Digital Entertainment Means Innovation, Not Extinction
It was a few weeks ago when it happened. I was perusing a local bookstore one evening, when I came upon a large section of used records. People were leafing through them, and seemingly embracing the scent of dusty cardboard and vinyl. Among them, there was a twenty-something couple on opposite sides of the display. Every so often one of them would pause to proudly hold up their find, laugh, and then tuck it under their arm into a short stack.
Let’s examine what people have been saying for years, though: Panic-stricken prophesies, warning the death of newspapers, magazines, and CDs in the tangible form. More recently, books have been lumped into this category of paranoid concern. After Amazon announced that e-books had surpassed their print sales in January 2011 people started to wonder: With all these available digital options, what’s keeping entertainment from existing purely in megabytes and pixels?
These record store happenings offered some insight into this question. Here there were people creating an experience out of shopping. While one could recognize the increasing trend in vinyl sales, the parallel to any form of entertainment is the same. Collectors and enthusiasts simply want to hold something in their hand, and have a visual representation or multi-sensory way of enjoying what they love. Yes, perhaps it’s cheaper, faster, and enables you to legally shop in your underwear when making digital purchases, but is it truly fun?
By no means, is there a way to underscore the convenience of Omni-functional, endlessly accessible, media devices and shopping channels available today. However, it is impossible to imagine a world in which any traditional entertainment mediums become extinct.
I have this reoccurring nightmare where I wake up, and all of my music, books, video games, etc. have been lost. Either by being inexplicably wiped from existence, or the computer falls victim to various diabolical situations. The fact that I have a copy of my favorites offers some comfort in alternative.
Enthusiasts aren’t the only ones keeping things alive though. These forms of “dying media” are learning to adapt and change the formula for entertainment delivery. Magazines are a great example of a form of print that has learned to innovate in message delivery methods. More and more magazines are becoming interactive. QR codes have found a place among pages, offering informational links, advertising, and contest participation for readers. These delivery formats work alongside print material as they generally engage the reader to seek more information. This method saves print space, cost, and helps with audience retention.
Even traditional music magazines such as Spin and Rolling Stone have started becoming more innovative in engaging their readers. For example, Rolling Stone has developed an online music database where readers can stream featured albums from recent reviews. This allows the reader to read what’s being said about specific tracks as they listen to them, which is a great example of supplemental media creating a more complete experience for the consumer.
While some delivery forms of media are evolving, a fair amount of attention is paid to digital album sales. According to Nielson, consumers purchased over 100 million digital albums for the first time. Furthermore, digital sales are up 15% as of August 2012. With the explosion of tablets and smartphones accessibility is at an all time high. So with all the new convenient options, why would anyone seek a physical copy? Though perhaps a better question to first address would be: “If the physical CD were to disappear, what would we be missing out on?”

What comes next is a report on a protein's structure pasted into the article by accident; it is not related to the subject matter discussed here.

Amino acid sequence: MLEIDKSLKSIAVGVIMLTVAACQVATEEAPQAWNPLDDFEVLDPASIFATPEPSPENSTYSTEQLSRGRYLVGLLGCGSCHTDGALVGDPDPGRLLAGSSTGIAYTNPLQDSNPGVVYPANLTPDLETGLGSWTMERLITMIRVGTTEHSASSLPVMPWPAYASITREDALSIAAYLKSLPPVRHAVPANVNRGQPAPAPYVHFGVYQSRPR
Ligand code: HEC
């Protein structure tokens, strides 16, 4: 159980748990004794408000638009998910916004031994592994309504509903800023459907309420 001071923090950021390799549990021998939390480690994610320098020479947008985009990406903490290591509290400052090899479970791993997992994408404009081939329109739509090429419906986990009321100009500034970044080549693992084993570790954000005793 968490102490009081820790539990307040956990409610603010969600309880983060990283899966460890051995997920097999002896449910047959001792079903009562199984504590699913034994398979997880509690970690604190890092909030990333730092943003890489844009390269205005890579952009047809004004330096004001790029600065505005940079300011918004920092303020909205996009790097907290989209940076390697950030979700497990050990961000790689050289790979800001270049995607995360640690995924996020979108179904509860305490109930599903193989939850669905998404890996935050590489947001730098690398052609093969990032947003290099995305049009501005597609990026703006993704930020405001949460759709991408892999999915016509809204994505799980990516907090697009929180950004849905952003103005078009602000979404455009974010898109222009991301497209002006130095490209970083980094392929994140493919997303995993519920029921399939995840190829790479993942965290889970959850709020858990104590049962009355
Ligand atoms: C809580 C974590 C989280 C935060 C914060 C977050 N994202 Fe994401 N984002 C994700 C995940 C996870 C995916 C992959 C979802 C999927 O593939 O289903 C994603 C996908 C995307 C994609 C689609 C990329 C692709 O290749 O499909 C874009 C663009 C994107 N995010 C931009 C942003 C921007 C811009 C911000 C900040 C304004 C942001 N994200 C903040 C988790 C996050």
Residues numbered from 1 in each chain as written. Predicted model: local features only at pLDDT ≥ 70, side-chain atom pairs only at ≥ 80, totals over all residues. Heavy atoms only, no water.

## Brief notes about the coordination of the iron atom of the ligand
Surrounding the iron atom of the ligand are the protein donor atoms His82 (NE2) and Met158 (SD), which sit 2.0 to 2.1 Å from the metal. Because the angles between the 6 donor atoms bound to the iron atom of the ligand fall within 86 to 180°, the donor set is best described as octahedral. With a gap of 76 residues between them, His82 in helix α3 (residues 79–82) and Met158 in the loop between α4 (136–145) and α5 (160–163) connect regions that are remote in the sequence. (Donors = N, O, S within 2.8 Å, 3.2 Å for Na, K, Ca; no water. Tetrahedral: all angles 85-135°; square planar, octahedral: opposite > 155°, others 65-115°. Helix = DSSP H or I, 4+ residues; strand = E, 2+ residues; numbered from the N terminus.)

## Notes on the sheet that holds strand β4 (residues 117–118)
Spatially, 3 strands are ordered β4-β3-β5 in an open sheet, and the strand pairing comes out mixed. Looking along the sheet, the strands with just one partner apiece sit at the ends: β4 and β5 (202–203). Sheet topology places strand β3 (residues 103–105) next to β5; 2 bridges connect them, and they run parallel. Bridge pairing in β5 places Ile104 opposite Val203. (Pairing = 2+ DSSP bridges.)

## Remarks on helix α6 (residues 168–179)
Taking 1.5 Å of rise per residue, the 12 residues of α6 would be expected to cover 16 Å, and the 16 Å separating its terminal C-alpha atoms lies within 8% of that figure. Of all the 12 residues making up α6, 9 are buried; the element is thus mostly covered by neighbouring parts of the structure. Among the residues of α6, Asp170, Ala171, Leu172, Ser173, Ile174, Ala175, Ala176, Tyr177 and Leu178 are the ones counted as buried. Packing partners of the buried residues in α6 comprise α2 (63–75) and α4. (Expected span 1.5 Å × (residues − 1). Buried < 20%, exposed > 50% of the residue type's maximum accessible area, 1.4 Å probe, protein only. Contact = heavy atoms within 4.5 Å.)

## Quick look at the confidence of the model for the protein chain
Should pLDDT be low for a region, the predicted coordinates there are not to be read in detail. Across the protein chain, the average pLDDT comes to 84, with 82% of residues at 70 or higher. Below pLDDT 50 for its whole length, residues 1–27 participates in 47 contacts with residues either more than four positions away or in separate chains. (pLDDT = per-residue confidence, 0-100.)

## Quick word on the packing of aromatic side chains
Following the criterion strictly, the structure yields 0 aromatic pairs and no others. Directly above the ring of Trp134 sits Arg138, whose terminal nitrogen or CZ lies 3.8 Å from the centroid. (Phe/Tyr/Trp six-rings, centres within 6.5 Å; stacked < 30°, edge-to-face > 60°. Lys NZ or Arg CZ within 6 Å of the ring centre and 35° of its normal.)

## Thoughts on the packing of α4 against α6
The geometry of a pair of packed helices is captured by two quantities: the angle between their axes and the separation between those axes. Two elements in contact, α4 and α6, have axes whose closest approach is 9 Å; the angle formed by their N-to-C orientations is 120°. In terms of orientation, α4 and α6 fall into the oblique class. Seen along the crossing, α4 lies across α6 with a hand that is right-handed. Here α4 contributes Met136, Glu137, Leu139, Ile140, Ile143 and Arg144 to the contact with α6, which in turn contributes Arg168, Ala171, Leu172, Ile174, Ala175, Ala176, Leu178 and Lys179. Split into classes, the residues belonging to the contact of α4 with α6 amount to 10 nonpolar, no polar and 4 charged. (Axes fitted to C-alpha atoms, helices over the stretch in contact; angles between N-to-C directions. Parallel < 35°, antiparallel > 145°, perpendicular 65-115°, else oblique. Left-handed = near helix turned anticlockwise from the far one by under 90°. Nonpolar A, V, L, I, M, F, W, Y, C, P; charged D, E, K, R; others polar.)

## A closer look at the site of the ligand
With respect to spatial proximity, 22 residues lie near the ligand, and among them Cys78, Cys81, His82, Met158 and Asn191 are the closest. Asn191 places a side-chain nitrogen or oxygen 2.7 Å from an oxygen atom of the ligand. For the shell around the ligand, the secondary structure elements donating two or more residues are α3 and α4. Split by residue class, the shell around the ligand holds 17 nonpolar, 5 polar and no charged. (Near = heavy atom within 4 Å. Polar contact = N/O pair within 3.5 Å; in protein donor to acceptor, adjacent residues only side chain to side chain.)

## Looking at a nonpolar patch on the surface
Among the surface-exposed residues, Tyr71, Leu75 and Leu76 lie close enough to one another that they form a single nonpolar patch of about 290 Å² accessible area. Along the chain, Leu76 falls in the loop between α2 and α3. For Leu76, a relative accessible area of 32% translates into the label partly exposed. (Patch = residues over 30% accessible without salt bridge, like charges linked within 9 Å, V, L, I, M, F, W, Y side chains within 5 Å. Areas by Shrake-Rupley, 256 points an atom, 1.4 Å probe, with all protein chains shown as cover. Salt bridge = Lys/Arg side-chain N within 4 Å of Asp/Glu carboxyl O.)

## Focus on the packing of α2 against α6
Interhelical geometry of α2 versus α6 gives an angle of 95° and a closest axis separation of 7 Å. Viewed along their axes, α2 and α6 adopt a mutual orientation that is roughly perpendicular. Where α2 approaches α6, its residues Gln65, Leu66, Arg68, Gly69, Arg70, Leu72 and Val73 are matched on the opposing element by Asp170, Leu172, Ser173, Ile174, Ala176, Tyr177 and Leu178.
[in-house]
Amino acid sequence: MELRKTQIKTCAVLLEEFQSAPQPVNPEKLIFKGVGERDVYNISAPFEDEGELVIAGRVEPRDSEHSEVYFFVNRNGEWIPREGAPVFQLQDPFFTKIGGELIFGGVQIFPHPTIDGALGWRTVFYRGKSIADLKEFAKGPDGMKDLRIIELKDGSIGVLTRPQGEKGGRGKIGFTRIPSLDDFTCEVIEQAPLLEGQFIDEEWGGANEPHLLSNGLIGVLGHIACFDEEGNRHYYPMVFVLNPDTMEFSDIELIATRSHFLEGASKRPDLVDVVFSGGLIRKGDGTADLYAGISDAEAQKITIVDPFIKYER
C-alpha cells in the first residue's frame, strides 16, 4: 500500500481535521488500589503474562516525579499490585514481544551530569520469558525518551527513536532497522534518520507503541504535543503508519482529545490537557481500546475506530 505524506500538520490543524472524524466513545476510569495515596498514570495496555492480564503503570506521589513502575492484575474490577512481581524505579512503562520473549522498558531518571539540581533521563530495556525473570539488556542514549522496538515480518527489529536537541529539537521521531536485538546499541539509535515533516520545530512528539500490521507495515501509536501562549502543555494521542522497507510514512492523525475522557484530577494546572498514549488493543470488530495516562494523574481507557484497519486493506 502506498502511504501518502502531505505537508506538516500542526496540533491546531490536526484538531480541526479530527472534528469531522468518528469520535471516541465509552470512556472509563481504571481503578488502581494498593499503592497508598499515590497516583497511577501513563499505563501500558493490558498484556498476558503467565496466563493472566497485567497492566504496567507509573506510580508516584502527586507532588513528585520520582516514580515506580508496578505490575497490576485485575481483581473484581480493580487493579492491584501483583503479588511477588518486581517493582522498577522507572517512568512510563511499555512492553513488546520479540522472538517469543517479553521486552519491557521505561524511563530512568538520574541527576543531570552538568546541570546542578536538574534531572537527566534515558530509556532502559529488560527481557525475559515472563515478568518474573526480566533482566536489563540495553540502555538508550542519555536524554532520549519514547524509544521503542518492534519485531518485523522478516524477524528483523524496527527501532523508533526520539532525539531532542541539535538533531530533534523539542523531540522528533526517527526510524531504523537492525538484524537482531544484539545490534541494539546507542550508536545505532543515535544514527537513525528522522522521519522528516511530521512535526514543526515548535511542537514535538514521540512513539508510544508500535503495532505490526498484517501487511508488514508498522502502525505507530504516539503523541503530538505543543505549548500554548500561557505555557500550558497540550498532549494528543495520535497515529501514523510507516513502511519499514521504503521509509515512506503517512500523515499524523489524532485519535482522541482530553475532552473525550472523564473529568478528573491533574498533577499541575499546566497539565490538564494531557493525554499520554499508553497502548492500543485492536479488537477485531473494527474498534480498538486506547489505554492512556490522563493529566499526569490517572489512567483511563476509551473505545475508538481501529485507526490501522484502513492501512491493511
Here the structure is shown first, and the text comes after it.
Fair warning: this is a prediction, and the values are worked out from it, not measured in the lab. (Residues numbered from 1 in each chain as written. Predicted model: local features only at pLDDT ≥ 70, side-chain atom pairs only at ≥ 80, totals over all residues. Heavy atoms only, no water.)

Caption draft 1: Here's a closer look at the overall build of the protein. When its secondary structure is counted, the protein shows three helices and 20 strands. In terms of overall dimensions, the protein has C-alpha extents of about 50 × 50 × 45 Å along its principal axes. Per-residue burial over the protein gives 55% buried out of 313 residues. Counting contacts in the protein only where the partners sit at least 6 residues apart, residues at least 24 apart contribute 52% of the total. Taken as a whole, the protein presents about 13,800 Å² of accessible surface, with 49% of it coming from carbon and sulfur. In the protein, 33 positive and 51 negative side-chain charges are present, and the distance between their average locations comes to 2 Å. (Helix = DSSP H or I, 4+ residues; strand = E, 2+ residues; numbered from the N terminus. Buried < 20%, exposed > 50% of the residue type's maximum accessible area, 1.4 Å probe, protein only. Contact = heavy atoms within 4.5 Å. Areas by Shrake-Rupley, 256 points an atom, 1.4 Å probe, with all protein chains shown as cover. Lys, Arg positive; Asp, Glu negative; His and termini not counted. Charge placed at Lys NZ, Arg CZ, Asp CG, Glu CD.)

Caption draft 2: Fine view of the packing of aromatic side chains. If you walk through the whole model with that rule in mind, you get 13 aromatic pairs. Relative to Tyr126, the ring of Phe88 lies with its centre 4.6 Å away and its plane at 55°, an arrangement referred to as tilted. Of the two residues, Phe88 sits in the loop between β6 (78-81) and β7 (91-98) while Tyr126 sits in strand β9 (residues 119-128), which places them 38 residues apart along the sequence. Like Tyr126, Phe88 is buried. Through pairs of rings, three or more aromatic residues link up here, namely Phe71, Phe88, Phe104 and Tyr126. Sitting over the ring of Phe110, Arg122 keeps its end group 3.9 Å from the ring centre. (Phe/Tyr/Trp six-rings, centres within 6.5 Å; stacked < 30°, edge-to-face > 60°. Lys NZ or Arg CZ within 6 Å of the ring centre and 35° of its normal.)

Oh skeptical reader with immeasurable intellect, I implore you to consider the most basic of basic situations: Pass along readership, a tradition as old as print itself. Never mind the ancient magazines that ended up in waiting rooms by the dozen. It’s more like when your friend says: “Hey check this out, it’s awesome sauce”, and hands you something. The same rules apply to music. You can tell someone to check a band, but there’s a better chance they’ll listen or even remember if you simply hand something to them.
Obviously the same situation applies to the girl under a tree, outside somewhere reading a book at this very moment. Though there’s a large majority of people who still enjoy the feel of a book, some sense of identity would also be lost by choosing an e-reader. Some people may not like to admit it, but they want to be seen reading a book somewhere in public. It opens up that rare possibility to strike up conversations and make connections.
Businesses such as Barnes & Noble seem to recognize the opportunity to grow alongside the popular and successful electronic reader. The Nook allows customers to purchase online books through a Barnes & Noble database. The online shop accepts the store’s gift cards for purchases as well. This adaptation technology change has carved a niche for Barnes & Noble as a forward-thinking company. With popular bookstore chains such as Borders going out of business, innovation seems to be the way to secure a future.
There’s no question that sales are declining for tangible media. It’s simply going to happen as more options become available. The point is that innovation is going to open more possibilities. The quality and collectible nature of these products are going to improve and become more appealing to enthusiasts. Successful traditional media is going to continue to adapt and become more interactive. There may be more options, but there will always be a place where a couple sorts through records. There will always be a girl reading a book under a tree somewhere.